The dark side of the force is represented by red; the good side is represented by blue, and the criminals and bounty hunters are represented by yellow.

  1. Gastronomical distribution of data
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Gastronomical distribution of data
  1. Internet mapping and accurate representation. 
  2.  
Internet mapping and accurate representation.

It’s an excellent example of intuitive design: lines going slowly or fast reflect speed, and whatever way the lines are traveling represents direction. Unless you click into the map itself, the overall patterns are instantly apparent without the need for statistics. Furthermore, limiting the number of variables to two makes it much easier to understand.

  1. Upcoming solar eclipses until 2080
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Upcoming solar eclipses until 2080

Denise Lu created the visualization. For further information, go to – The Washington Post is a news organization based in Following the August 2017 solar eclipse, which was the first in almost a century to cross the United States from coast to coast, the Washington Post built an interactive globe graphic depicting the eclipse’s route as well as all future eclipse trajectories through 2080. The rotating globe depicts eclipse totality pathways (paths where the sun is completely eclipsed by the moon), where they will occur throughout the planet, and when they will occur (time is denoted by light and dark shades, as well as hover text tooltips). It will also tell you how many eclipses are remaining in your life if you enter your birth year on the page.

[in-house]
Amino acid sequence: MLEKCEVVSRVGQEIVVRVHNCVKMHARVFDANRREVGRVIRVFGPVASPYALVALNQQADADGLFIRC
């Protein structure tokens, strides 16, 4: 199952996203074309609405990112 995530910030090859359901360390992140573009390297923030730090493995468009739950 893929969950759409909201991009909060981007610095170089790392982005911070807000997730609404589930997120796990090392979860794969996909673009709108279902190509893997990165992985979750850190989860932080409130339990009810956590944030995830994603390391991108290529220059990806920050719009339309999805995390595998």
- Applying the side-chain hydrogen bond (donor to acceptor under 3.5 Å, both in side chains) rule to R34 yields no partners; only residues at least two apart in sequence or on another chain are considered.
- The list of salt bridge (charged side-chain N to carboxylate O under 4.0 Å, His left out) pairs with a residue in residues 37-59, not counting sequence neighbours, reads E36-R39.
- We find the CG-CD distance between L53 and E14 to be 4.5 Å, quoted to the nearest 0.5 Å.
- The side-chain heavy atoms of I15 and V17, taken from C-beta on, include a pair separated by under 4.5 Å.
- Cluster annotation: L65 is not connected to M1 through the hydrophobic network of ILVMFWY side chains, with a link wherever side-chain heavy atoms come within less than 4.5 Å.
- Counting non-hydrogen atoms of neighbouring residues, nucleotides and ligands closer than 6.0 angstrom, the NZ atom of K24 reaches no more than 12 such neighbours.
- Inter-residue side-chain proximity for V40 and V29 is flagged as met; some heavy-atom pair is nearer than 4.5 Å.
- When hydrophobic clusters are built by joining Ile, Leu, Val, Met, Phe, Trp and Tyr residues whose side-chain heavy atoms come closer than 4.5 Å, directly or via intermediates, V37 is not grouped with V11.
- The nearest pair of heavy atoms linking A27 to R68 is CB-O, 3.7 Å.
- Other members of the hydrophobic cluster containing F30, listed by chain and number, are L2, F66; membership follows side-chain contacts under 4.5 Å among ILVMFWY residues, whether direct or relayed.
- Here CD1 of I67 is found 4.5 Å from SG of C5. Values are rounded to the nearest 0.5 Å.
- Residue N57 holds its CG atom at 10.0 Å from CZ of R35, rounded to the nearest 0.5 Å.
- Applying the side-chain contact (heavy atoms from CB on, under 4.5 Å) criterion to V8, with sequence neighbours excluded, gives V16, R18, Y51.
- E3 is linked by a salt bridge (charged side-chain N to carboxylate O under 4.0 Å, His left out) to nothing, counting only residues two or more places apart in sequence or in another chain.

1. After Babylon
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Languages in the world

It’s difficult to grasp the scope of language proliferation, especially if you don’t travel or engage with people who speak various languages frequently. We all know there are a lot of languages in the world, but it’s difficult to comprehend how many there are, where they’re spoken, how widespread they are, and how they interact. Density Using the World Atlas of Language Structures, Design’s After Babylon project showcases the world’s languages in a variety of interactive maps and infographics. All 2,678 languages are represented, including information on where they originated, where they are spoken, and how many people speak them. It even displays connections between them, such as language families and loanwords, as well as cross-language exchange words. It is created by density design labs. 

  1. Napoleon 
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  3.  
Napoleon

In 1812, Napoleon marched on Moscow with the intention of conquering the city. It was a disaster: he began with over 470,000 troops and ended up with barely 10,000 when he returned. The story of the campaign is depicted in this graphic, which has become one of the most well-known visualizations of all time. The out-and-back journey of Napoleon’s army is depicted on the map. The color denotes the direction, while the line width denotes the overall number of soldiers (yellow for towards Moscow, black for the return trip). Underneath the central image, a simple temperature line graph depicts the rapidly disappearing winter cold. It’s strong, well-written, and paints a realistic picture of the devastation of the voyage.

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Conclusion 

Interactive data visualizations are one-of-a-kind in that they appeal to several of the five senses: hearing through audio, seeing through stunning visuals, and touching through the interactive experience of clicking, hovering, and scrolling through content.

While you may believe that creating data visualizations on your own is too expensive and time-consuming, there are various free tools available that allow non-designers and non-programmers to generate interactive content. Tableau certification courses can be helpful to start your basic learning in this field.